Good suits are expensive, and like every other item you buy, you want them to last as long as possible. The key to this longevity is a proper care routine, which I have outlined below, and divided into three sections: Using the suit, cleaning the suit, and storing the suit. Follow these tips and not only will your suits last longer, but the will look better as well. You should pick a time during the week (usually saturday or sunday) where you check and prepare all your clothes for the coming week; this ensures that you are properly prepared, and aren’t going to be surprised by a wrinkly jacket the morning you have to wear it.
As you wear your suits, small particles of dirt, dust, and other debris build up in the fabric. Before and after you wear your suit, and as part of your cleaning regimen, you should use a good clothes brush to separate these particles from the fabric fibres, and then use a sticky lint roller to pick up and remove this debris. If you want instructions on how to brush your jacket, check out this article over on Real Men Real Style.
The natural wool fibres in your suit are delicate, so wearing the same suit day in, day out will wear it out exponentially faster. The suit needs time to rest in between wearing; if you have enough suits, only wear a suit once a week, otherwise, give it a day between wearings.
Spot Clean and Dry Cleaning
If you are ever unfortunate enough to get dirt on your suit, or some similar stain, resist the urge to take it straight to the dry cleaners. First, try to spot clean the stain. Use clean water (and perhaps a bit of stain remover), and a cloth to gently try to remove the stain yourself. If it is something serious, or you don’t feel comfortable trying to remove it yourself, then take it to the dry cleaner. Always take both the jacket and the trousers to be cleaned, as the cleaning and pressing process can subtly alter the appearance of the fabric, and the difference becomes more pronounced after various cleanings. Unless your suits are constantly getting dirty, aim at having them dry cleaned as little as possible (3-4 times per year at most). Have a look at this article from The Art of Manliness, for a guide to dry cleaning.
Steaming your suits is just about the best thing that you can do for them. Steam effectively deodorizes the fabric, and removes wrinkles. If you have a tailors bust, use that, but for everyone else, hang the suit on its hanger, and run the steamer over the jacket, avoiding the chest area. In addition to the chest area not wrinkling as much, steaming the chest may alter the shape of the internal canvas.
Prolonged heat from an iron at a high setting can damage the fabric, and give it an unwanted shine, so be very careful when trying to press your suit with an iron. If you must use an iron to press your jacket, use high steam, and a press cloth as a barrier. Many people choose to invest in a trouser press, which, as the name suggests, is used to easily press your trousers; this can just as easily be accomplished with an iron and a pressing cloth. Remember to use lots of steam, and that dampening the cloth of your trousers will result in a sharper crease.
Always use a good quality hanger that is large enough and strong enough to support both the shoulders, and the weight of the jacket. Ideally, the ends will be between 1.5″ and 2″, and it will be made from wood. Wood is theoretically better than plastic for a number of reasons, including: wood absorbs moisture from the jacket; wood hangers are more environmentally friendly; wood hangers help deodorise the jacket (the same way shoe trees deodorise shoes); and wood hangers look better. They are, however, more expensive than plastic hangers, which will often come with the suits. Under no circumstances should you ever use a metal hanger (unless you are trying to break into a car, in which case there are far better options).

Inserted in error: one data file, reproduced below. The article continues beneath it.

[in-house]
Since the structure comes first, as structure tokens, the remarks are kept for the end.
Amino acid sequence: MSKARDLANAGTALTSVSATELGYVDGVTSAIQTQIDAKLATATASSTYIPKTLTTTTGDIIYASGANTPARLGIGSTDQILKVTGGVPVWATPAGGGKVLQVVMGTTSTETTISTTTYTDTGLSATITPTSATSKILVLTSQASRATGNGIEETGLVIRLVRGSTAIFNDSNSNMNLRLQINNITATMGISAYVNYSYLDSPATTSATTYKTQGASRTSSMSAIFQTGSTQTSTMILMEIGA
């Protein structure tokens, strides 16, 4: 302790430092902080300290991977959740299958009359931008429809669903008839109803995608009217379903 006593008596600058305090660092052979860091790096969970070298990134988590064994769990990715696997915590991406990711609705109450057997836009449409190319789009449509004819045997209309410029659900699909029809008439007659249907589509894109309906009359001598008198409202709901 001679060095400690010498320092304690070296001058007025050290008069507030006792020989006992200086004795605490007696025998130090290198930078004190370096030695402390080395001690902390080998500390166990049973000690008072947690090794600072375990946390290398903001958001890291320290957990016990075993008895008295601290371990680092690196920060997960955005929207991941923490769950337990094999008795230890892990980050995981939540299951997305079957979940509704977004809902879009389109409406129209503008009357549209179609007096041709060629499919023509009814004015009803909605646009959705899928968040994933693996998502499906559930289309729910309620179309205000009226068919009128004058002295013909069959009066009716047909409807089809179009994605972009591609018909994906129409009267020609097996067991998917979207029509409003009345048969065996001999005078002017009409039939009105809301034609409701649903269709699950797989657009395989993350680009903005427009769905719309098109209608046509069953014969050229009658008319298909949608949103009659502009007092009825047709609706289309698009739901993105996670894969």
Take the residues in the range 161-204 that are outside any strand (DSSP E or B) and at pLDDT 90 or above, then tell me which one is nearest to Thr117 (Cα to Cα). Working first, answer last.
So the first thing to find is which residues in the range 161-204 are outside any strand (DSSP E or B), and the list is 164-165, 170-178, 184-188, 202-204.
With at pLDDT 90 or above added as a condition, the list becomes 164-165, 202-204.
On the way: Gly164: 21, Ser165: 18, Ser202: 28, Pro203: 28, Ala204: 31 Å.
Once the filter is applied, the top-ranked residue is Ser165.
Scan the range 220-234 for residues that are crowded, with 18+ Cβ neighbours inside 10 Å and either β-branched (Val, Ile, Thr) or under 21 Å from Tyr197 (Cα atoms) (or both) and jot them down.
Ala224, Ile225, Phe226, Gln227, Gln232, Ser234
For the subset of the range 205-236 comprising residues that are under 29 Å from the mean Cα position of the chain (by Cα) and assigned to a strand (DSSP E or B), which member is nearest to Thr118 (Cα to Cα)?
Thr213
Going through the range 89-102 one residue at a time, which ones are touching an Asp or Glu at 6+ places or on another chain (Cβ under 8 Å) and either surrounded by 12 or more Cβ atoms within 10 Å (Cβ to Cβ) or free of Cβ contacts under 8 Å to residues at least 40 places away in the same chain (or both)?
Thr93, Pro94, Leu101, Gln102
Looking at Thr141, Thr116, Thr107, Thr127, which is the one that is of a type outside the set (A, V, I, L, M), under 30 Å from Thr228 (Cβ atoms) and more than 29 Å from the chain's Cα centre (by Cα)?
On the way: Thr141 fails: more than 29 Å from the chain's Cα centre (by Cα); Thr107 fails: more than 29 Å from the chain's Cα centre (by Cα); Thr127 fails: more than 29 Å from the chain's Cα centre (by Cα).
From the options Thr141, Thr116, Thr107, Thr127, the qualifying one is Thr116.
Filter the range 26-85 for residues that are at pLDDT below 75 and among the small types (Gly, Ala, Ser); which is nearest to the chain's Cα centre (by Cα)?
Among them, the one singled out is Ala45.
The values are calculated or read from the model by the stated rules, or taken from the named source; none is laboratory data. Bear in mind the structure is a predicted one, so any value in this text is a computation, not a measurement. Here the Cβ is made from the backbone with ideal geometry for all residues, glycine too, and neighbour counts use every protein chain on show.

When you are going to be storing your suits for long periods of time (putting away your winter suits for the summer), you should always be storing them in decent garment bags. The nylon bags that the suit is typically sold in if fine for travel, but for extended storage, you should be using something made from a natural fibre lie cotton; something that will let the air circulate, and help prevent the jacket from going moldy.
Ideally we would all have walk in closets with hardwood shelving, lighting, and climate control. Practically, you should be storing your suits in a cool, dry place, with good air flow. If you live in a particularly humid climate, you may want to put a de-himidifier in your closet. Humidity and poor air flow leads to mold and moths; neither of which are good for your clothes. Hang your suits a couple of inches apart to ensure good airflow.
I live in a very nice climate, and moths have never been an issue for me, so I can’t speak from personal experience here, but moths are bad for your suits; mostly because they like to live in, and eat them. You can prevent moths using a variety of methods: moths thrive at relatively high humidity, so ensuring low humidity and proper air flow will go a long way towards removing the problem; the smell of cedar and lavender are also reportedly used to mask the smell of the fabric, and this is supposed to help prevent moths, so cedar chips and sprigs of lavender in your closet may help, as will using cedar hangers. Moth balls are best used in confined spaces (inside the garment bag), but they leave a strong smell which is very difficult to remove.
Moth damage is very difficult to fix, and often results in having to throw away expensive garments, so do everything you can to prevent moths from getting to your clothing. For a good article on clothes moths, click here.